CSA President Robert Lewis-Manning said a flexible approach is needed
U.S. ballast water treatment regulations will cost the Canadian economy CAD1.1 billion ($1.1 billion) over the next five years, according to a new report from the Canadian Shipowners Association (CSA).
The report, written by Martin Associates, found that the rules, which go into effect next year, could shift shipments of grain, aggregates, and petroleum products to other modes of transportation.
"The American regulations will distort commercial markets as it exempts all vessels that operate west of Anticosti Island, which essentially results in the exemption of the American fleet while demanding that the majority of Canadian vessels absorb the cost of developing and installing technology," CSA said.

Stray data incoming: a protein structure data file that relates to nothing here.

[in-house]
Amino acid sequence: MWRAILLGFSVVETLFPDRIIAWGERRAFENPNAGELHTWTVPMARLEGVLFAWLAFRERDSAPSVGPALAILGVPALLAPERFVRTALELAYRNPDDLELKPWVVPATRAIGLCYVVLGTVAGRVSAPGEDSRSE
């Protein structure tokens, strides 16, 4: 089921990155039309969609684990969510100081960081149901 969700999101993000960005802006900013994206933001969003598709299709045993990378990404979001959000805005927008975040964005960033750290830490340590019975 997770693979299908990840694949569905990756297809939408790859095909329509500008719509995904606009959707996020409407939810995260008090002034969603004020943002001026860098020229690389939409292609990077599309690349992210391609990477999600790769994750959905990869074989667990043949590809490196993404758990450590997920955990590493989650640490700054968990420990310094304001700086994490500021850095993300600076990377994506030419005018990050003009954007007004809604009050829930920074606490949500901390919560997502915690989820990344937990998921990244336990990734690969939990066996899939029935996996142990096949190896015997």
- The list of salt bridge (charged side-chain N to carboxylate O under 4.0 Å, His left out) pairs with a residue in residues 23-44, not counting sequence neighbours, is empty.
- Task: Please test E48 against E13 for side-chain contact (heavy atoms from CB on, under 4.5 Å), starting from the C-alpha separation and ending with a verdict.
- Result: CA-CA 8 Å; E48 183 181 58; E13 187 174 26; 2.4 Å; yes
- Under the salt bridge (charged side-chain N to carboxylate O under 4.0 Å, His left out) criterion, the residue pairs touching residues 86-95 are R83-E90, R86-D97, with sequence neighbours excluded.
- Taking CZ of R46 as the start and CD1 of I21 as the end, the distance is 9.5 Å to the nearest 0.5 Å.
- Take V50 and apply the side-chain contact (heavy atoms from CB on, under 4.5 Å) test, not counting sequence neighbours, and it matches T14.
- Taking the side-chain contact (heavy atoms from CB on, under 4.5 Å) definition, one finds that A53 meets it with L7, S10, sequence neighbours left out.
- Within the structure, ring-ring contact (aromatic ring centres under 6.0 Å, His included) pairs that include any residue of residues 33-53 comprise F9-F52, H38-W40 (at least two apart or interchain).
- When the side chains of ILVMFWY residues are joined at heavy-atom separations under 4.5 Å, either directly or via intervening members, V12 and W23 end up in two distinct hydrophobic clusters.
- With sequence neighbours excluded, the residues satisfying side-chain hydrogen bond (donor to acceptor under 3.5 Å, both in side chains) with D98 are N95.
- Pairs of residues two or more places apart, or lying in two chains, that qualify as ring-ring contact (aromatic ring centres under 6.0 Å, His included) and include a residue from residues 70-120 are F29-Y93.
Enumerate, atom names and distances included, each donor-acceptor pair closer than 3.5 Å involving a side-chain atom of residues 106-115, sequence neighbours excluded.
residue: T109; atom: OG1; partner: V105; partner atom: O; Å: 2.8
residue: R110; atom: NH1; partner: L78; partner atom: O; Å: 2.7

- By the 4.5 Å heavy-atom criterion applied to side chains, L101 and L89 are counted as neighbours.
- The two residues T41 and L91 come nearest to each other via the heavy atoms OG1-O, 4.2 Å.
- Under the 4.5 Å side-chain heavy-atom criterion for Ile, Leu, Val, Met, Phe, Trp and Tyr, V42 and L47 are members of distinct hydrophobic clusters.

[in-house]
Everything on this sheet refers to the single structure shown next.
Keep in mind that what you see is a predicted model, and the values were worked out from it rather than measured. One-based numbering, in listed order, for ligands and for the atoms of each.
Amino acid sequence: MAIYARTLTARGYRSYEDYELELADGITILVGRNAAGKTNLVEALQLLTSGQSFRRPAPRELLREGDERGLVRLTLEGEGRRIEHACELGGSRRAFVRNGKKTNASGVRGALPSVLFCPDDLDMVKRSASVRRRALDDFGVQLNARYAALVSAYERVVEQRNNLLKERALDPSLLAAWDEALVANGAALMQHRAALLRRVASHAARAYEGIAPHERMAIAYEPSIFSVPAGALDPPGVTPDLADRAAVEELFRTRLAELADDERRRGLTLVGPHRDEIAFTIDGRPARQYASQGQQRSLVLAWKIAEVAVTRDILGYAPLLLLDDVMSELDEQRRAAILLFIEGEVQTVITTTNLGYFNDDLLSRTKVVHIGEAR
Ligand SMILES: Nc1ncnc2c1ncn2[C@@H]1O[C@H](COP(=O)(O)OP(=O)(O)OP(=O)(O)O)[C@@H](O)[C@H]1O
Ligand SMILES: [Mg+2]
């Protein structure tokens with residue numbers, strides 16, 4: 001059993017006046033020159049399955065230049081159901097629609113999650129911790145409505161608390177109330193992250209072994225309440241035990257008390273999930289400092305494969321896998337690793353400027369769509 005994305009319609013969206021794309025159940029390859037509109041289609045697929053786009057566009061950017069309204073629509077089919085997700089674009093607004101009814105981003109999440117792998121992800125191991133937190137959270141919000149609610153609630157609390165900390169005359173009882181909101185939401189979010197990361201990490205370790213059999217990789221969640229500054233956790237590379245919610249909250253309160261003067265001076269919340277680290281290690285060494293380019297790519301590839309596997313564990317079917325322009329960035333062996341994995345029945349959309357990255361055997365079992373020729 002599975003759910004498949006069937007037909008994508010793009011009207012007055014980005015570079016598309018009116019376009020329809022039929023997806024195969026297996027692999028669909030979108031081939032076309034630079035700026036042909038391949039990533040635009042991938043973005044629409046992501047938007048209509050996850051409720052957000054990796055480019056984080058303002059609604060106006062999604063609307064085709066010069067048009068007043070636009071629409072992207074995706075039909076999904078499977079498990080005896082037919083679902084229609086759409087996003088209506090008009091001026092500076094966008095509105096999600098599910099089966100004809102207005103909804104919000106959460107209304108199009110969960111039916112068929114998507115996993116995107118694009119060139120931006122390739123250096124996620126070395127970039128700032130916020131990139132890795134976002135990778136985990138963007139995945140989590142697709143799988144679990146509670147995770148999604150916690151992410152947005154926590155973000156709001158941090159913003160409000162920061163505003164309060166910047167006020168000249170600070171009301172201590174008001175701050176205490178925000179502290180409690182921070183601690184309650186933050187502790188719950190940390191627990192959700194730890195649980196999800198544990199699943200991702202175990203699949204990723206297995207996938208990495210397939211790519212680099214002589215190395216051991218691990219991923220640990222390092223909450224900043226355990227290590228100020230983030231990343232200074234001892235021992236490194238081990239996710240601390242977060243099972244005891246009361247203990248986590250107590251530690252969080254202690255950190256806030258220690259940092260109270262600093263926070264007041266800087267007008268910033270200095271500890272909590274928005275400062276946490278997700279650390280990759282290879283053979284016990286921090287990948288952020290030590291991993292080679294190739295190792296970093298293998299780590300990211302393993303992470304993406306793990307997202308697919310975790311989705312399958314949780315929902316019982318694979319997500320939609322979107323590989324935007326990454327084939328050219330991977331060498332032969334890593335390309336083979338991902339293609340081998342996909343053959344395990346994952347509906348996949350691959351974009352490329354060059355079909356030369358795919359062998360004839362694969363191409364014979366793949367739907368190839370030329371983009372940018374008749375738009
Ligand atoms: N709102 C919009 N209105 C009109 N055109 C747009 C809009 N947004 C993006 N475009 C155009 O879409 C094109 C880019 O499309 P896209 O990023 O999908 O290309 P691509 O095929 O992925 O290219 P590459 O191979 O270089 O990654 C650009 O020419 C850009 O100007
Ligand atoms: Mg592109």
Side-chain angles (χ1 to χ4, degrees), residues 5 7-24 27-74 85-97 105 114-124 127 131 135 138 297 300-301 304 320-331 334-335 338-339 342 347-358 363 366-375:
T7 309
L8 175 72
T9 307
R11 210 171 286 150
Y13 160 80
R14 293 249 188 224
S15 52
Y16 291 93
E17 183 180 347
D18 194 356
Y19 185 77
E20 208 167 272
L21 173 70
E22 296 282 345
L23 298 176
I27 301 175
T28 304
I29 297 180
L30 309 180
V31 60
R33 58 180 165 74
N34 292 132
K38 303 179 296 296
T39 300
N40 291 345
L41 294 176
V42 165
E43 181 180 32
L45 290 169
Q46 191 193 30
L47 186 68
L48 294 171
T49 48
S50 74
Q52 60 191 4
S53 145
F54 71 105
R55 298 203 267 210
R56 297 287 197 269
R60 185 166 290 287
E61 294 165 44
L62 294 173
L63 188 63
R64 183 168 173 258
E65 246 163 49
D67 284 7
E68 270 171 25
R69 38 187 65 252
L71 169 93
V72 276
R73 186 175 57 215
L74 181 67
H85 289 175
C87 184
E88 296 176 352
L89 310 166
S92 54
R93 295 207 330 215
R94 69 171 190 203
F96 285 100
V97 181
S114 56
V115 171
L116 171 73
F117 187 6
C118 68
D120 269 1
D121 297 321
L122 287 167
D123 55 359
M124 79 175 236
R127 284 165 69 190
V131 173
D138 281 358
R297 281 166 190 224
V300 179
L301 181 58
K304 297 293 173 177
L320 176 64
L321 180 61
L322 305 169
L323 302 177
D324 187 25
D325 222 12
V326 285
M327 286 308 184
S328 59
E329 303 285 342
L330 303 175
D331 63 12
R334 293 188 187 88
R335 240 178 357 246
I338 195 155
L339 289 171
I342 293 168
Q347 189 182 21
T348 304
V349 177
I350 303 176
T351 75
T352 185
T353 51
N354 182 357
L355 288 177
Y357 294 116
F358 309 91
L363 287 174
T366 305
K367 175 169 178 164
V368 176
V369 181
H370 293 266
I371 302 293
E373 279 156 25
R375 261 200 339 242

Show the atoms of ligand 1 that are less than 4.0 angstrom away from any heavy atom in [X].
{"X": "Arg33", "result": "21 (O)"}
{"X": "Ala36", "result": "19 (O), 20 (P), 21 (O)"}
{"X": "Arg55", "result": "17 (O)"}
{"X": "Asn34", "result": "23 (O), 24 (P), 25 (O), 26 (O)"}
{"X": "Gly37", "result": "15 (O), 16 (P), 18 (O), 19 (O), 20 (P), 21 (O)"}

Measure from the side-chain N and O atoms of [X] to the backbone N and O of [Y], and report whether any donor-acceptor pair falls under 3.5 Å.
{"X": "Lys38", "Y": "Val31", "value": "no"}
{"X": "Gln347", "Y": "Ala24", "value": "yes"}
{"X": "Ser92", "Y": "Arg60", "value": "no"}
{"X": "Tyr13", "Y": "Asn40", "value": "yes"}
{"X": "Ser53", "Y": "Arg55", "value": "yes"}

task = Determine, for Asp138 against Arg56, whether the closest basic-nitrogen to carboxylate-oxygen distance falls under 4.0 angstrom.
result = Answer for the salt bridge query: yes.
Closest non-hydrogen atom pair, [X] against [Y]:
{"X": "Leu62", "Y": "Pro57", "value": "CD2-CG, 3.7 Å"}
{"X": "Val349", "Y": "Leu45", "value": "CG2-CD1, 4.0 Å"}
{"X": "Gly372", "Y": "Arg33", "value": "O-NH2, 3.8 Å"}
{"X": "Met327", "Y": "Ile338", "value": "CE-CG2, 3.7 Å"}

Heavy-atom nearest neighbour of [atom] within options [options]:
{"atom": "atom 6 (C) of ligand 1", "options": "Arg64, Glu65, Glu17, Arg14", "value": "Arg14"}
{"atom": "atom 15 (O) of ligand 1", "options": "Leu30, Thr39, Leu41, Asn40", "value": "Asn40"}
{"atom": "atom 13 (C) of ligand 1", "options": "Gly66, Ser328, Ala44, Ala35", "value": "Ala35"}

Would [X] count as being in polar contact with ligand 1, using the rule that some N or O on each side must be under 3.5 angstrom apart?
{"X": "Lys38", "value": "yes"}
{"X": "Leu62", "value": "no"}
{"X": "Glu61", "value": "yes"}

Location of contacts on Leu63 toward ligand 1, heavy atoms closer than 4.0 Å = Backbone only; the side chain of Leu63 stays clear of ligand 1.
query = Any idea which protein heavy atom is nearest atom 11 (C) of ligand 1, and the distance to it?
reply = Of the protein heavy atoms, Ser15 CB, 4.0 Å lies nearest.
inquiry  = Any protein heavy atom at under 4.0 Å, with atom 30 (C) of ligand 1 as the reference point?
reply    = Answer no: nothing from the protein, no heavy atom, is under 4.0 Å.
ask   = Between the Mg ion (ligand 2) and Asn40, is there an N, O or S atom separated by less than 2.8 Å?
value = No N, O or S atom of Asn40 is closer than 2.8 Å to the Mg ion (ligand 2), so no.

The American regulations will distort commercial markets
The association also said the appropriate technology for complying with the regulations does not yet exist, although an initiative by Canadian companies and the Great Ships Initiative, a group dedicated to addressing the issue of invasive species in the Great Lakes, to test ballast water treatments is expected to be completed by the end of 2013.
"We believe that a flexible approach that builds on recent successful efforts to mitigate risk will still allow for current levels of competition and risk management and will reconcile protection of the marine environment with the economic viability of our industry and those that we support," said CSA president Robert Lewis-Manning.
The CSA said in April that the rules on ballast water treatment set by the U.S. Environmental Protection Agency (EPA) are "unachievable."